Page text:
Motivation gets things done, drives people forward, encourages them to do things that make them feel uncomfortable, but it can't exist in isolation; motivation is attached to goals and objectives.
Conversely, having a goal doesn’t guarantee motivation. If we’re not interested in achieving a goal we can’t rely on motivation showing up to help us get there.
Example: If you've been asked to do a small task, with no timeline, that holds no interest for you, you won't rush to get that task done. However, if it's important for you to impress your manager, and to complete the work will favourably impress the boss, you'll get to completing it. Or, if your mindset is that you need to remove chores to get onto the important stuff, you'll get the task done.
If you're like me, there are components of your job that you motivationally struggle to complete, but you'll get them done. However, trying to do well in a role that's not motivating? That's when a job can become a grind!
If your job's n important part of your identity, and assuming security and lower order needs (physiological, safety and love) are attended to, then you need to get clear on how your work is contributing to the achievement of your goals. Does it offer:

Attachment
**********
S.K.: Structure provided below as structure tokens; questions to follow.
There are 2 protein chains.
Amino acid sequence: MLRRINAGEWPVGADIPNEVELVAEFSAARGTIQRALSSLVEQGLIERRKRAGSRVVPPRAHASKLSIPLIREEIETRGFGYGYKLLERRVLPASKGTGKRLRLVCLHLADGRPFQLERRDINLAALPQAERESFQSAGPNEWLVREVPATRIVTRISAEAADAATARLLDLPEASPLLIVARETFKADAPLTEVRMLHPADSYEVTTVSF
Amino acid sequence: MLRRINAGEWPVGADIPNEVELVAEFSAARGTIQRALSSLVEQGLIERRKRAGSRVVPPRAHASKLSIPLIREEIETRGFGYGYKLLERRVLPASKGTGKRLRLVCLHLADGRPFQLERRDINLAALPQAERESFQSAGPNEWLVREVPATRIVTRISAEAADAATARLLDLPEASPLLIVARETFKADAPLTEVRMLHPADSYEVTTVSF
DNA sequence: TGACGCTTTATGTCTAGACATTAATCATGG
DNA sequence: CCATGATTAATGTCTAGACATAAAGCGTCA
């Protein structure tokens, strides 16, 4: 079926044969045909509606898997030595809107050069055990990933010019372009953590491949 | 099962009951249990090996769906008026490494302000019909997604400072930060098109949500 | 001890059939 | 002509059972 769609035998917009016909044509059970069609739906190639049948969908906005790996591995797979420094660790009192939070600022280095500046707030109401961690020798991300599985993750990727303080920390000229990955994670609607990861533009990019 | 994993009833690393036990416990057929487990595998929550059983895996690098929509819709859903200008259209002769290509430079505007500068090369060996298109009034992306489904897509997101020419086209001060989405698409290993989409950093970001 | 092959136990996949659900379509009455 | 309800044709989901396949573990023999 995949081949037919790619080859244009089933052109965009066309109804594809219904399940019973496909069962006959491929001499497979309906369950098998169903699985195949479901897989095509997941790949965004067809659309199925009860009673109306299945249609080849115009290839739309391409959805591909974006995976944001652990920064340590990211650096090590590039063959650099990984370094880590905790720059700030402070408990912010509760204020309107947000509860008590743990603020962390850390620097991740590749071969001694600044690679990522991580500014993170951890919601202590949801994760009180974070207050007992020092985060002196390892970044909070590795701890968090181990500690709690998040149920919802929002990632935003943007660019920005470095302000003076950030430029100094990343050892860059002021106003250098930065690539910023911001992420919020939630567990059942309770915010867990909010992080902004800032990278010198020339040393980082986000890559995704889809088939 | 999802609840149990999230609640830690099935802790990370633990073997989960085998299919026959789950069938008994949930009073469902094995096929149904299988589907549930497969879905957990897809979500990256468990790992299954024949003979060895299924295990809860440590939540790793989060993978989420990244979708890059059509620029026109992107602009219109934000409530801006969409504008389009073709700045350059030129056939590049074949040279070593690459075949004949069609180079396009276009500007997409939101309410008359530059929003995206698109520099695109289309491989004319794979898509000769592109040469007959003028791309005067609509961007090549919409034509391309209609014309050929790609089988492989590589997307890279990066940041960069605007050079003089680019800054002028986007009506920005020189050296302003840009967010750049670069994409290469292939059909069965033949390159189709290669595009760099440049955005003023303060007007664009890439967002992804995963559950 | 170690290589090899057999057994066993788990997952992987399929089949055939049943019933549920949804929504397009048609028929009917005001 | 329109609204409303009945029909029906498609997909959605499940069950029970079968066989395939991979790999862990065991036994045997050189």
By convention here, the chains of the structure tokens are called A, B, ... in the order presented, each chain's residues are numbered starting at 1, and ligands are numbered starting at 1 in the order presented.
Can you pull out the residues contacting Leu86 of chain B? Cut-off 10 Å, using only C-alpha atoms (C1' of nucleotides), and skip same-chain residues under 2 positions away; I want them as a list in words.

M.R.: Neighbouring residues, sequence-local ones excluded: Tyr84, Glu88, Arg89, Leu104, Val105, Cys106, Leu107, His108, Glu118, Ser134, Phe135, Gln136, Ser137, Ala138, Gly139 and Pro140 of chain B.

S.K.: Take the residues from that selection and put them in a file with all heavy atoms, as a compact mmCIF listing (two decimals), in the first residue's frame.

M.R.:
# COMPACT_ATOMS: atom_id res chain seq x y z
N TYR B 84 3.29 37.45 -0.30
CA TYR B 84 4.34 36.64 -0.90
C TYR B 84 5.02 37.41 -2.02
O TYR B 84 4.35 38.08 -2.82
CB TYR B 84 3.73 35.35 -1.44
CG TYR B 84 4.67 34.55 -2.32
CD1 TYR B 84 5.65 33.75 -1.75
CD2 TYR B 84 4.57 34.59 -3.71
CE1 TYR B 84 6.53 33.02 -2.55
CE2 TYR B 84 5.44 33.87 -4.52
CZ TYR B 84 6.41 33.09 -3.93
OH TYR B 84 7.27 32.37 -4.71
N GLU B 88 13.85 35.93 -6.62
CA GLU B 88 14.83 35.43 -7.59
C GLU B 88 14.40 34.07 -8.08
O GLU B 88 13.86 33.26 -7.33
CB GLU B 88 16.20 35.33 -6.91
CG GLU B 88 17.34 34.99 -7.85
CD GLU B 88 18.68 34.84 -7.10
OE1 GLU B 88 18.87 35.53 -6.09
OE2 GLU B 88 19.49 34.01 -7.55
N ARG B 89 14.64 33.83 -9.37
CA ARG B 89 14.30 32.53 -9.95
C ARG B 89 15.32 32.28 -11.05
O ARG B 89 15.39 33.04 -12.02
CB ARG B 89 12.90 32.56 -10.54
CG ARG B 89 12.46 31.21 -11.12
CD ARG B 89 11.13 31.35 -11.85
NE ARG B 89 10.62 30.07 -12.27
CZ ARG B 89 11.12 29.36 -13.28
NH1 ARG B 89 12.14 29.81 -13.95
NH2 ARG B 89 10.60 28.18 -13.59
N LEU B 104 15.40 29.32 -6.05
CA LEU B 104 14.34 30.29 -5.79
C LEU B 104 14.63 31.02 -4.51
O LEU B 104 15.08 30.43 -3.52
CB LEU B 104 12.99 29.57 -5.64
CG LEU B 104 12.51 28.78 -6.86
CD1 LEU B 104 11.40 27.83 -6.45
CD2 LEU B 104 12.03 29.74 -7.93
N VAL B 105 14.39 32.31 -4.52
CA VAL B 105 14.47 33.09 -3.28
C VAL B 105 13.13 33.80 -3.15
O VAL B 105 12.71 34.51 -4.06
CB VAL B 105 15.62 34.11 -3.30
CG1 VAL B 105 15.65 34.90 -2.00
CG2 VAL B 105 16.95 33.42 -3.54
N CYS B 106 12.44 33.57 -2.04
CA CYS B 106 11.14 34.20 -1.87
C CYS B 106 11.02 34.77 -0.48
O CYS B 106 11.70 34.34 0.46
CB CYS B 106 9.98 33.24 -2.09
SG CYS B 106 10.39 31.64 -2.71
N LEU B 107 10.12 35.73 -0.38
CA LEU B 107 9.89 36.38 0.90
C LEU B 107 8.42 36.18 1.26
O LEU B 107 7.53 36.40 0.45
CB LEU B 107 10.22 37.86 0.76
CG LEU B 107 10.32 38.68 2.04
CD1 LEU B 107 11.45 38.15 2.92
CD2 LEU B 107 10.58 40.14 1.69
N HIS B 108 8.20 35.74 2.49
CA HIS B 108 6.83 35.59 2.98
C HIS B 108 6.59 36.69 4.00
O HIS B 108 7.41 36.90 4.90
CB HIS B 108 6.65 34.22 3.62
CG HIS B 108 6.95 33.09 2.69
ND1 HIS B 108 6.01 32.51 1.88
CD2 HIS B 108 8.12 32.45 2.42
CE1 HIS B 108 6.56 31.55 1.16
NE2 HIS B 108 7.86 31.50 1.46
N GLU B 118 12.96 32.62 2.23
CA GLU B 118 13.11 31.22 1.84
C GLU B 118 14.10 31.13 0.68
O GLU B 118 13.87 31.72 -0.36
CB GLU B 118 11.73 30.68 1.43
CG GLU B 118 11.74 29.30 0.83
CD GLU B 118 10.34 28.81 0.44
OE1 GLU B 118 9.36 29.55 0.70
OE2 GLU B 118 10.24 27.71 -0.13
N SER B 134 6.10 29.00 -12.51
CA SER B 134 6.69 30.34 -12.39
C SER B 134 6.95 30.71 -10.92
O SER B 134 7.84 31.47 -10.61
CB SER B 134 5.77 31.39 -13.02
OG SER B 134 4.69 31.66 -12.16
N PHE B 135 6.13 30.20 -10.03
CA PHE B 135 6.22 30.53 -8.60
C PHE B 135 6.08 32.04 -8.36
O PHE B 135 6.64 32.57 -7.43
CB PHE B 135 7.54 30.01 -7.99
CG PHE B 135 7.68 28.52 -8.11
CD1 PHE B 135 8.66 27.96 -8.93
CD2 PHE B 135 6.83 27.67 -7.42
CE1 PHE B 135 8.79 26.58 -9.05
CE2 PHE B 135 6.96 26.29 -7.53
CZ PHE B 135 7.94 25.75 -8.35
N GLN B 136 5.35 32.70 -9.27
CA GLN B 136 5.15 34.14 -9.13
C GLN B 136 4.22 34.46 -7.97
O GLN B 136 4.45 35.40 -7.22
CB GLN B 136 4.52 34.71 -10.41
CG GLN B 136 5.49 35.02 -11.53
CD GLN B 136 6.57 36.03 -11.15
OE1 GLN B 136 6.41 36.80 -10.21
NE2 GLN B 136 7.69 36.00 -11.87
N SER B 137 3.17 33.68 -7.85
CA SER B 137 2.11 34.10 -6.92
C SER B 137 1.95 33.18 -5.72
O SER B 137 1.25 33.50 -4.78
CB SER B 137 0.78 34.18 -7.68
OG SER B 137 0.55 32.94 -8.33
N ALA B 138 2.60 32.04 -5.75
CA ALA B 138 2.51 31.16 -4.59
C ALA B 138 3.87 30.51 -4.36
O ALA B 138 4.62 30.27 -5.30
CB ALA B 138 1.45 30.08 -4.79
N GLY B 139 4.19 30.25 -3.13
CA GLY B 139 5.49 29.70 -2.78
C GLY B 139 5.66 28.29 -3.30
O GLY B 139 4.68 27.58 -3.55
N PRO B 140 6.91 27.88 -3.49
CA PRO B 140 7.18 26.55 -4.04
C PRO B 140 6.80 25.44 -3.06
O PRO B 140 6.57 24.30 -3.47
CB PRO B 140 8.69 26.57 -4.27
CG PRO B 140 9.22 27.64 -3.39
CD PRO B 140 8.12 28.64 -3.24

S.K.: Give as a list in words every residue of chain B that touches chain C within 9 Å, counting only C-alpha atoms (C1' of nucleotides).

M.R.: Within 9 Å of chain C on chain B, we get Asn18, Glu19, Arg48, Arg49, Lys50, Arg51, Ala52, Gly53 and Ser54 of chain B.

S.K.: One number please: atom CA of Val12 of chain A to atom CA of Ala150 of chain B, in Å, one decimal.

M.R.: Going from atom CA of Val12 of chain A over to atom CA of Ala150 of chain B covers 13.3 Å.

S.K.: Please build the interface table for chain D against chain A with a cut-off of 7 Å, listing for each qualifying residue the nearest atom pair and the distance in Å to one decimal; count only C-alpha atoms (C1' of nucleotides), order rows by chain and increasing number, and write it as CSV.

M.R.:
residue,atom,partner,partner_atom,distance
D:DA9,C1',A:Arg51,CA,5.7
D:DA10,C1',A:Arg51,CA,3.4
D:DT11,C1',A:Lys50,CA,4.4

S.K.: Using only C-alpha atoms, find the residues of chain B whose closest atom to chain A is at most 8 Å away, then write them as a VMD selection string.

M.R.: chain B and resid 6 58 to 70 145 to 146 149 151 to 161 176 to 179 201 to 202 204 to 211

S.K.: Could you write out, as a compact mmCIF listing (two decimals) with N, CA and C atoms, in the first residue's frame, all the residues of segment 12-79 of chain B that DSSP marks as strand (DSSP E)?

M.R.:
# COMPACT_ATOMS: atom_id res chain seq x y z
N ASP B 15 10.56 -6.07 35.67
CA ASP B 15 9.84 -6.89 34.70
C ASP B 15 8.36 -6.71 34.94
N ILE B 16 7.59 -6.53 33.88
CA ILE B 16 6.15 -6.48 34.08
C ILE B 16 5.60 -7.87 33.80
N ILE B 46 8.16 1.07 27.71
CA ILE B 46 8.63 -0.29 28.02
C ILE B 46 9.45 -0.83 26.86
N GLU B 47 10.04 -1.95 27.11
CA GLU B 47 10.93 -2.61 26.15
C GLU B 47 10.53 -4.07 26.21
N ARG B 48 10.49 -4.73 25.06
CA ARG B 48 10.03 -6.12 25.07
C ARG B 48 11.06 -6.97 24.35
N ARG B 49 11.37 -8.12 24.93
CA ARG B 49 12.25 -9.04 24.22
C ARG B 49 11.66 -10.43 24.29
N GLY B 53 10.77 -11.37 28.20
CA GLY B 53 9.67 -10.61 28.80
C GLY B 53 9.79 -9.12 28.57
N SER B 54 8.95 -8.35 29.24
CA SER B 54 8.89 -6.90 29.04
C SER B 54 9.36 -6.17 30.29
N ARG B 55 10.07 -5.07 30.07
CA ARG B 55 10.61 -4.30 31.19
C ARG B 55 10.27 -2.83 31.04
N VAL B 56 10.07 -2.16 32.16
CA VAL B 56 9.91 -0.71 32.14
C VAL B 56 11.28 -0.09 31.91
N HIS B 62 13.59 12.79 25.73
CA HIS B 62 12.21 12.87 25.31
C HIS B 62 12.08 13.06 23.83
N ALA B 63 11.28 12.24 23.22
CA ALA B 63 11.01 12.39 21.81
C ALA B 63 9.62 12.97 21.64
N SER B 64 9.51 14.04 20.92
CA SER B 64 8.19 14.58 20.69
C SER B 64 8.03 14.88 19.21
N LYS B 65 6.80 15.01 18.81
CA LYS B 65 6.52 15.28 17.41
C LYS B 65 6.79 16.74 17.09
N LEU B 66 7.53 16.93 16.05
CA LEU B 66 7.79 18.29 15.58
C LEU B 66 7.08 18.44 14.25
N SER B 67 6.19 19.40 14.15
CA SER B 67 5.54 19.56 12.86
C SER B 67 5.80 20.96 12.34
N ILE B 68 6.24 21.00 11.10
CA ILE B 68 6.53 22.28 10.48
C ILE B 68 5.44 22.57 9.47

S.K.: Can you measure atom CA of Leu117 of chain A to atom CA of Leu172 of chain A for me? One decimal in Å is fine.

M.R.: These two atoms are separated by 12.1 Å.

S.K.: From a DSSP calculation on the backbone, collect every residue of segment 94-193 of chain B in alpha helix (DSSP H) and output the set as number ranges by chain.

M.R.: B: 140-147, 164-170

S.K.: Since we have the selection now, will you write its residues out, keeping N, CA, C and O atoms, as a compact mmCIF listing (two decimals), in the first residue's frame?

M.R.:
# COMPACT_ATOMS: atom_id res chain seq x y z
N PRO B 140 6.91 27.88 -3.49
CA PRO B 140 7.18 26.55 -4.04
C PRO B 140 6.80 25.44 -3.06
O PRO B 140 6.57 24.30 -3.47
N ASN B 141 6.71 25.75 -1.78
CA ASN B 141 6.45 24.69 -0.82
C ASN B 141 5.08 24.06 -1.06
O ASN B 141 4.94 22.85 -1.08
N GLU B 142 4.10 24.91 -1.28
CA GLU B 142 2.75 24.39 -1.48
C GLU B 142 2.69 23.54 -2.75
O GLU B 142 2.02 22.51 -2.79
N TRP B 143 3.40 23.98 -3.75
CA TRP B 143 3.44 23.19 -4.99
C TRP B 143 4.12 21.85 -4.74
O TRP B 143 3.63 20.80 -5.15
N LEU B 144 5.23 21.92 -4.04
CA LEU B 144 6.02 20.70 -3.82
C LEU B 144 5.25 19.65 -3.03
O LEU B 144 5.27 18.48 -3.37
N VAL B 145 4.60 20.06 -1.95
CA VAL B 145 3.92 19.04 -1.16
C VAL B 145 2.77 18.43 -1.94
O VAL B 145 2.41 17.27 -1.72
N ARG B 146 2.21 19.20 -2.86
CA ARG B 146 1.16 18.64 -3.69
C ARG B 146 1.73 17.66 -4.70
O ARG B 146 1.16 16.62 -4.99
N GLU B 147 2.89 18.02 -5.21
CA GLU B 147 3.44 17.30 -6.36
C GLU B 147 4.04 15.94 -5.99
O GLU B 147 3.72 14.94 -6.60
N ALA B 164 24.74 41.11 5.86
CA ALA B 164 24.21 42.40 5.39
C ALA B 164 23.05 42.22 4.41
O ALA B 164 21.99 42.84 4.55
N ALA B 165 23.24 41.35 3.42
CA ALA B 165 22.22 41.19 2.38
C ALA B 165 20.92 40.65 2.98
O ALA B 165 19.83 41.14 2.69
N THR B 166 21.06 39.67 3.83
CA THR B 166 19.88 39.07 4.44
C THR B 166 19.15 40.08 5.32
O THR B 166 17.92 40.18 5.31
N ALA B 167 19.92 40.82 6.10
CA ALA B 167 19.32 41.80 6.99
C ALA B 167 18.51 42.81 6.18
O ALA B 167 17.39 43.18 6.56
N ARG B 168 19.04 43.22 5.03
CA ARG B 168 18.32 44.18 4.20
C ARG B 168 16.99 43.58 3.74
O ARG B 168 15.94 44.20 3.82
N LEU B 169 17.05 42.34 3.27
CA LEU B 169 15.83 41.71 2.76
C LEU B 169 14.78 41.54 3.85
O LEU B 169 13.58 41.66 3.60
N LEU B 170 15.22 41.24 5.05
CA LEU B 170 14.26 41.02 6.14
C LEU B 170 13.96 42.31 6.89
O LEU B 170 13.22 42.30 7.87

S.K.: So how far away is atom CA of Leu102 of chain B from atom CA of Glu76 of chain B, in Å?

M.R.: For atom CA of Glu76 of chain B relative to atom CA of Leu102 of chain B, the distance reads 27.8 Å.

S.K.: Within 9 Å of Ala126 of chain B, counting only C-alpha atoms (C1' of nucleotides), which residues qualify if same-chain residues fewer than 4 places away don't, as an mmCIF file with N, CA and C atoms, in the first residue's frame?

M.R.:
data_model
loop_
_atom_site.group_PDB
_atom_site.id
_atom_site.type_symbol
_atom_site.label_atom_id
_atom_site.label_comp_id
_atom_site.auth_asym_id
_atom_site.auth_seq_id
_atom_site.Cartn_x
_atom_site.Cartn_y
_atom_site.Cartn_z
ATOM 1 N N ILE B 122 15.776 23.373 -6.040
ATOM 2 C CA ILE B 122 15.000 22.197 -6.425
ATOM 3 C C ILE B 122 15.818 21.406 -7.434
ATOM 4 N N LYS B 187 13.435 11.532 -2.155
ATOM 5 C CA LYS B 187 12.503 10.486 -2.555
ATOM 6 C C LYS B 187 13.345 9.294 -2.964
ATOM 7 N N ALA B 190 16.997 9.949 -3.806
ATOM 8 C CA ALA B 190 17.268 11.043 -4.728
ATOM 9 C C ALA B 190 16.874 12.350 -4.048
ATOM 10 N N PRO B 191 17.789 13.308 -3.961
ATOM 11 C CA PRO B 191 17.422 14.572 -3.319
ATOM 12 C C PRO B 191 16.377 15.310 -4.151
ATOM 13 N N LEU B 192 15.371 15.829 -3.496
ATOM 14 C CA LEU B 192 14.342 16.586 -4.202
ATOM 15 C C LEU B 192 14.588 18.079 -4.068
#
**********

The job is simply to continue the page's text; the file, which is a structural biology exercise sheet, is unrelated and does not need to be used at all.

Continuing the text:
• learning opportunities for knowledge and/or skill development
• an ability to immerse yourself in a vocational interest
• exposure to systems, people or organisations that you're keen to get close to?
• career pathway opportunities?
If your current position doesn't support a goal - you'll get bored! Boredom isn’t always a bad thing (gap year/university work, supports creativity); however, extended boredom can be destructive (subtly impacting performance, relationships, professional development, self-esteem). At some point, you need to pull things together and identify a career direction and get clear on how your current role supports that, or else find another job which does.
In the absence of a clear objective, you might say that your current role is a good place to be while you establish your career direction. If you accept that, put a timeline on your contemplation and constructively use the time to figure out career direction and next steps, that will be a very productive period.
Achieving career goals build focus and confidence. They motivate you to do good work and communicate that you are in charge of your career.